The Fen Edge

The Landscape

The Cambridgeshire landscape has a unique and fascinating history, from floods and glaciers to deep seas, tropical lagoons and even volcanoes! By exploring the Fen Edge much of this history can be discovered through looking at the clues that remain. Many factors have affected the landscape over millions of years and whether it involves the geology, the climate or colonisation by man, the story is one of dramatic changes with a few surprises along the way.

Starting with the local geology, we’ll see how the past has influenced the land that we’ll be walking across, with opportunities to learn about the plants and animals that have lived here before, through the many exciting fossils that have been found in the area, some of which can still be seen, not only in collections around the county but often in the walls and floors of buildings in our villages, towns and cities.

The Fens

The extensive fenlands of eastern England reach far to the north into Lincolnshire, south throughout much of Cambridgeshire and also extend into western Norfolk. As the land rises from the low-lying fens to the surrounding ‘hills’, the character of the buildings, land use and natural history changes. The influence of the chalk uplands to the southeast, the claylands to the west, the breckland to the east and the limestone uplands to the northwest, have all had their effect.

At various times in the last few thousand years, the fenland has been flooded and, at the Fen Edge, the land changed from extensive wetland to dryer land where settlements could be built. The surrounding higher land now provides viewpoints that are windows into the past – looking down onto one of the last areas in England where ‘wilderness’ existed and people have met many challenges to survive.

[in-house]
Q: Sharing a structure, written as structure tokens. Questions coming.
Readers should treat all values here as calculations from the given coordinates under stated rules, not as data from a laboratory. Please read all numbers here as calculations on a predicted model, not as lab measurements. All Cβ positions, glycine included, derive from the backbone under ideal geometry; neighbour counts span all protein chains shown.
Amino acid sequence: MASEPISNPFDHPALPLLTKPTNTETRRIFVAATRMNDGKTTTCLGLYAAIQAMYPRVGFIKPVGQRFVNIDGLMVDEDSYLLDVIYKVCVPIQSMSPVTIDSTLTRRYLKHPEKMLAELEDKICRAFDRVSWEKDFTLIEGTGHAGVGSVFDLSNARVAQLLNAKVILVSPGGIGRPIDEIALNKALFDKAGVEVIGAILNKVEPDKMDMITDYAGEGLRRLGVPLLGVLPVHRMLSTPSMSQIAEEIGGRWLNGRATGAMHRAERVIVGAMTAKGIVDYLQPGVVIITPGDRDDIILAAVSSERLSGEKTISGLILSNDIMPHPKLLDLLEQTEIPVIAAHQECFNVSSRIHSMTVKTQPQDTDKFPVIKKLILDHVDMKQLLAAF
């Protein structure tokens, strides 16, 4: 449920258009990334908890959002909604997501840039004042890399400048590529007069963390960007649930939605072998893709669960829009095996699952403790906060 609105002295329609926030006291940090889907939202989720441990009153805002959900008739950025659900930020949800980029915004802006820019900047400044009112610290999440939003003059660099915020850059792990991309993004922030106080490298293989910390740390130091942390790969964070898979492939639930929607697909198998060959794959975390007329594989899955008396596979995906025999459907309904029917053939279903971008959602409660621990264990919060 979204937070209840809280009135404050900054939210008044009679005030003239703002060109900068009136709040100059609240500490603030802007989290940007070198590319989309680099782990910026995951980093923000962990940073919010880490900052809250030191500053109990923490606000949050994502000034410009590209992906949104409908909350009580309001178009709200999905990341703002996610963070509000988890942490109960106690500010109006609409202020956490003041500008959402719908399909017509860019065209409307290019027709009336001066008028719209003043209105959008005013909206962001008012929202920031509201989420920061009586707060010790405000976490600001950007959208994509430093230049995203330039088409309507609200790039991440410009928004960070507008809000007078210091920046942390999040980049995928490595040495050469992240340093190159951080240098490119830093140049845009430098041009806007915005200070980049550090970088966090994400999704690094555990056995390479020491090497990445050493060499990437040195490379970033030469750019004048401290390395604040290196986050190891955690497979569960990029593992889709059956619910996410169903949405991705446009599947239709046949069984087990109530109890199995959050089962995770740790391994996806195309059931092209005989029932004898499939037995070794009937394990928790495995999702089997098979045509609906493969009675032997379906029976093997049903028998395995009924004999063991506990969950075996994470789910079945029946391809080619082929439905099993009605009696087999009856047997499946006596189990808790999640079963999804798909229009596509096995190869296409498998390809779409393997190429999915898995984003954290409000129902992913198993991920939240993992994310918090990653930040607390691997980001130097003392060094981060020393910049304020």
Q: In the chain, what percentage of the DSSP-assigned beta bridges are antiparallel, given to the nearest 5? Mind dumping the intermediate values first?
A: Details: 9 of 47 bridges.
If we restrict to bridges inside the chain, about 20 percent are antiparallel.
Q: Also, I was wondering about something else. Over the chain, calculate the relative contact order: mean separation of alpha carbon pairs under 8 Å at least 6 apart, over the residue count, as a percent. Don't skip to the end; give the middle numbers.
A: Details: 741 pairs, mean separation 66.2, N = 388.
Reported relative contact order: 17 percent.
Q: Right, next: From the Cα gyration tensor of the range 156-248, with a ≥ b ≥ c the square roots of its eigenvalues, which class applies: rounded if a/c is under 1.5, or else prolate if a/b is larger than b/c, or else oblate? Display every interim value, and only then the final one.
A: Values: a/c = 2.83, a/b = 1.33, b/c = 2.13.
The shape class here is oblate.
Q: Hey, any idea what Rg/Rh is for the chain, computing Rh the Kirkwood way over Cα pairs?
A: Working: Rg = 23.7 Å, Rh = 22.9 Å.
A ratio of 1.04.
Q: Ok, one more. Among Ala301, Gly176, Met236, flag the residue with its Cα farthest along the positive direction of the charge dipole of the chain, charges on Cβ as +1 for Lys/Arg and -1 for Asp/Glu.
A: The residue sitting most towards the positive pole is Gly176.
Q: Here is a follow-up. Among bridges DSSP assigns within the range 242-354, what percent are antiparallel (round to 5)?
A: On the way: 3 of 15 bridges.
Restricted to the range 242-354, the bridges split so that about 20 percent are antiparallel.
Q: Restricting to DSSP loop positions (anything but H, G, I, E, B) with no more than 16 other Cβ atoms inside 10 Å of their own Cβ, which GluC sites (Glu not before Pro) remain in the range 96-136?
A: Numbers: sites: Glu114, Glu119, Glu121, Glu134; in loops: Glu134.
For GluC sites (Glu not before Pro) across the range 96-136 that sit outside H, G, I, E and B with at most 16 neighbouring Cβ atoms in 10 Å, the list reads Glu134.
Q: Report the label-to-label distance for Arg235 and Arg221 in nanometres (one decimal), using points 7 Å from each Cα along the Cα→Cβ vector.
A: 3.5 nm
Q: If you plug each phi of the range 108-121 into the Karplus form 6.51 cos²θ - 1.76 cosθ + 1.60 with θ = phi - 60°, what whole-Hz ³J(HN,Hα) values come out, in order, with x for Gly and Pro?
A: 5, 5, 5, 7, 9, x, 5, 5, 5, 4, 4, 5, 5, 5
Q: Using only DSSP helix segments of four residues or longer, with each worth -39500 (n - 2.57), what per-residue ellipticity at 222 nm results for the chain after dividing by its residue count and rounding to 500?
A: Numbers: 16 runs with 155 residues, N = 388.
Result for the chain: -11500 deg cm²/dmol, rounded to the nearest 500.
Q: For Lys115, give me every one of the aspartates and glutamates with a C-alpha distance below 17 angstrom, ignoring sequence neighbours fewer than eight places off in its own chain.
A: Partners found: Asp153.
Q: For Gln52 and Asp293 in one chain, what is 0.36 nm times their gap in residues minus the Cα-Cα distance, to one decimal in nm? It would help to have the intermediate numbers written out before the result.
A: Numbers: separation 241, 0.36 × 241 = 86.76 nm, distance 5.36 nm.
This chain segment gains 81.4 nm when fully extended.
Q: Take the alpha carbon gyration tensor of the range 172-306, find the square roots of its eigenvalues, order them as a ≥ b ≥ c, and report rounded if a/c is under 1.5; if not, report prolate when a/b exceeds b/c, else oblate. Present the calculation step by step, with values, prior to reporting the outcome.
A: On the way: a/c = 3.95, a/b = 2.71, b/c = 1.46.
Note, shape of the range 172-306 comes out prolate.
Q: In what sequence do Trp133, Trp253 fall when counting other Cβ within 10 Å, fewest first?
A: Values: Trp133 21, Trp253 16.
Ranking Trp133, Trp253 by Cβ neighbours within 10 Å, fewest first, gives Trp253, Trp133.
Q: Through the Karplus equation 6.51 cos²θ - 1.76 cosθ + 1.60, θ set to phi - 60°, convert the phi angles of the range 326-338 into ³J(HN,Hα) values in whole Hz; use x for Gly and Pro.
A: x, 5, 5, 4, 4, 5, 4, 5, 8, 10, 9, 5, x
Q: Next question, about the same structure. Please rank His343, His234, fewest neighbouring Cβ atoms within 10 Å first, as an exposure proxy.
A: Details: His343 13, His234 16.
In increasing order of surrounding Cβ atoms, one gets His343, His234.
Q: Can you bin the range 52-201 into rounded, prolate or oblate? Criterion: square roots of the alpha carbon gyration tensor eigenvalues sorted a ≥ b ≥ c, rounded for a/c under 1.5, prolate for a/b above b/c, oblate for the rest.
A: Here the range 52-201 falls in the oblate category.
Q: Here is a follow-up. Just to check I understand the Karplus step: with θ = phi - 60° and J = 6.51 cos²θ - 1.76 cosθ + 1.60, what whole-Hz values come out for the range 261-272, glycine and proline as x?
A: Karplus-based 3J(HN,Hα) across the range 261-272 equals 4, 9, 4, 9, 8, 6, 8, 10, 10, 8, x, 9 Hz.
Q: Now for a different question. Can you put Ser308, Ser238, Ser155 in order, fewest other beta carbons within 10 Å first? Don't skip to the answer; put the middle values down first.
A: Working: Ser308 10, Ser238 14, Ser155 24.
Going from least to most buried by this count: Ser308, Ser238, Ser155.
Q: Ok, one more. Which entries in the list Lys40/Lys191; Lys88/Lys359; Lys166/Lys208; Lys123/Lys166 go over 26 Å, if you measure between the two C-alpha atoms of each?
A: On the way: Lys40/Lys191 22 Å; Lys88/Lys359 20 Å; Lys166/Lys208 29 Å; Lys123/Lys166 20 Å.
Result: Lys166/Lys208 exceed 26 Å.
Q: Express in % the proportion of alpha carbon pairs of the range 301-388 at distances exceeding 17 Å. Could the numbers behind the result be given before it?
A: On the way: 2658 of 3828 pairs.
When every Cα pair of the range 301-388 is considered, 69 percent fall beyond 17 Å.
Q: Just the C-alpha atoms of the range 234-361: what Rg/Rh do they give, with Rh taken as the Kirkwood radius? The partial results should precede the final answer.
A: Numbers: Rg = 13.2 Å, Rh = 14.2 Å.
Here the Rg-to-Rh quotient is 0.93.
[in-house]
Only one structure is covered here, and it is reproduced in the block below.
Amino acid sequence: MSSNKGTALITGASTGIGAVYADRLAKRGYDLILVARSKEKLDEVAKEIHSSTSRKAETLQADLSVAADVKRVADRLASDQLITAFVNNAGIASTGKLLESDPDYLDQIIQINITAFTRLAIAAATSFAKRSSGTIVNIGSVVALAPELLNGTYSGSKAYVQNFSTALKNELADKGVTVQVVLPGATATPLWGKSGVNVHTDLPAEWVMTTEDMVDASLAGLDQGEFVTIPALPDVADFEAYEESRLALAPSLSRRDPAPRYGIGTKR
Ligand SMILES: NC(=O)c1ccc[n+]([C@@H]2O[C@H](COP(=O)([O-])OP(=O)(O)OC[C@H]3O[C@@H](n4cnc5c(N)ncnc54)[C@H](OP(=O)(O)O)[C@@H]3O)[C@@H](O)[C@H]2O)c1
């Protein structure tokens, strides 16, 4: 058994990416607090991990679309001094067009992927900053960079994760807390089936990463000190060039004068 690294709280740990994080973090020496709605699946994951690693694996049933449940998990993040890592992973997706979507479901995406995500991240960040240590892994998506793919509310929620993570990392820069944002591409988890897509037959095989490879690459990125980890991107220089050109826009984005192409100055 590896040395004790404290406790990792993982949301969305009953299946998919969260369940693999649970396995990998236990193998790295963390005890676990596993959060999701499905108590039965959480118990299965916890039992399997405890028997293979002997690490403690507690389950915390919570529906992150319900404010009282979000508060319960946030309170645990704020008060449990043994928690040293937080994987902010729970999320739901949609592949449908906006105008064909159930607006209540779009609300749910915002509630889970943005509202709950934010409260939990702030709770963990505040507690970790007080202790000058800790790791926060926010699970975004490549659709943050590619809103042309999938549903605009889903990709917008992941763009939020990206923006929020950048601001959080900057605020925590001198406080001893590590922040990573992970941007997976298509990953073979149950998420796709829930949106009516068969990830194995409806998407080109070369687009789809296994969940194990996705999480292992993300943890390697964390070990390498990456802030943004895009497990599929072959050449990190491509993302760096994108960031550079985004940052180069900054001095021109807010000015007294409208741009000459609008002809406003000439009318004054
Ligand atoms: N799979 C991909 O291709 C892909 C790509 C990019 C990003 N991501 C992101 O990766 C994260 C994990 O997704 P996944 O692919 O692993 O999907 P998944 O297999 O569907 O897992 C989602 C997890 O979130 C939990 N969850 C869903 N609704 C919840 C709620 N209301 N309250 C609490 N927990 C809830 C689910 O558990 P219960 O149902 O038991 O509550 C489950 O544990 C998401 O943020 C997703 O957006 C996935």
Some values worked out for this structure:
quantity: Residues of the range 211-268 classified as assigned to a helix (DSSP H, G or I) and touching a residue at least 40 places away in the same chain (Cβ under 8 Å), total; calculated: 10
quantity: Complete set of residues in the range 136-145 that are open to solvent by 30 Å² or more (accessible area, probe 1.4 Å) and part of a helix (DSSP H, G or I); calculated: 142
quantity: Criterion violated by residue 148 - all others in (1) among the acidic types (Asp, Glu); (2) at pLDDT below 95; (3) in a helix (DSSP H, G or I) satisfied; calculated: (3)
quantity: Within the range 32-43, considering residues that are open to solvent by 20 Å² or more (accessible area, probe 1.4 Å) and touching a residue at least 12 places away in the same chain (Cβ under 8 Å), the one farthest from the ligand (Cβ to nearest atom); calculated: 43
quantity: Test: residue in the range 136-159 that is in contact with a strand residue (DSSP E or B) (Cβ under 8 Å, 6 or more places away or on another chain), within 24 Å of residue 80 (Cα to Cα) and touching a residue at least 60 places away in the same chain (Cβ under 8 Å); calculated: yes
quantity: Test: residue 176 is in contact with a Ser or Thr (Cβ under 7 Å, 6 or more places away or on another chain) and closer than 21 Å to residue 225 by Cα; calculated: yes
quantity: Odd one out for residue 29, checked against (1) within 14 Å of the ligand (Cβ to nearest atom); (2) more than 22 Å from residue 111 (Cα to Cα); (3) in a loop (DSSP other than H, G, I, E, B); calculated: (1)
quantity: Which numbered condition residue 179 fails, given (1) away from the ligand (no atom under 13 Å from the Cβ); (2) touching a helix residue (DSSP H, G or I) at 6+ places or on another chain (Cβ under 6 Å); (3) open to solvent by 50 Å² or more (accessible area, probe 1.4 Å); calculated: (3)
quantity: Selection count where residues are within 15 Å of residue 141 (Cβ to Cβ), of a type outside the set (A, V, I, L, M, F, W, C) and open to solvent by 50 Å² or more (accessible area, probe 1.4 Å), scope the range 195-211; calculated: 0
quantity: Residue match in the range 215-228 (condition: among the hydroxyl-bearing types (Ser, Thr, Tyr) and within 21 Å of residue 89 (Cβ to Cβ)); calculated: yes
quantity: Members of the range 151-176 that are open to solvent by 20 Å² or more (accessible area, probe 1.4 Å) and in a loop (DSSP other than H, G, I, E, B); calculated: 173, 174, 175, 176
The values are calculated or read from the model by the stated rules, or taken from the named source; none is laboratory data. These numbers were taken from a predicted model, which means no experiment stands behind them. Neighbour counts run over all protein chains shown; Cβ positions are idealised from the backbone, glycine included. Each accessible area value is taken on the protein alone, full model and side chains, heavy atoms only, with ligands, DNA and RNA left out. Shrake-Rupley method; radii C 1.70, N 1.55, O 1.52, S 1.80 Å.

The story of the formation of the original wetland, with its water channels, lakes, reedbeds and tidal marshes, that resulted in the deposits of peat and marl, to the draining for use as agricultural land, and then the current efforts to restore some of its natural values, is one that is unique in England.

Fens for the Future

The Fens for the Future Partnership is a group of public, private and voluntary sector organisations including local authorities, nature conservation bodies, farmers and landowners and academic institutions with a vision for the Fens. Cambridgeshire Geological Society and the Fen Edge Trail are partners in Fens for the Fututre.

Fens Biosphere proposal

A Biosphere is an area of land which has been recognised by UNESCO as having a strong identity, excellent resources management and a focus on learning and innovation. The Fens Biosphere looks to the future: it aims to bring people, nature and science together to provide a great quality of life in the fens without exhausting or damaging the resources in the area. These resources include an exceptional environment and wildlife; the natural resources of land, soil and water and lastly (but not least) the people who live and work in its communities. Cambridgeshire Geological Society and the Fen Edge Trail are partners in this exciting initiative.


© Cambridgeshire Geological Society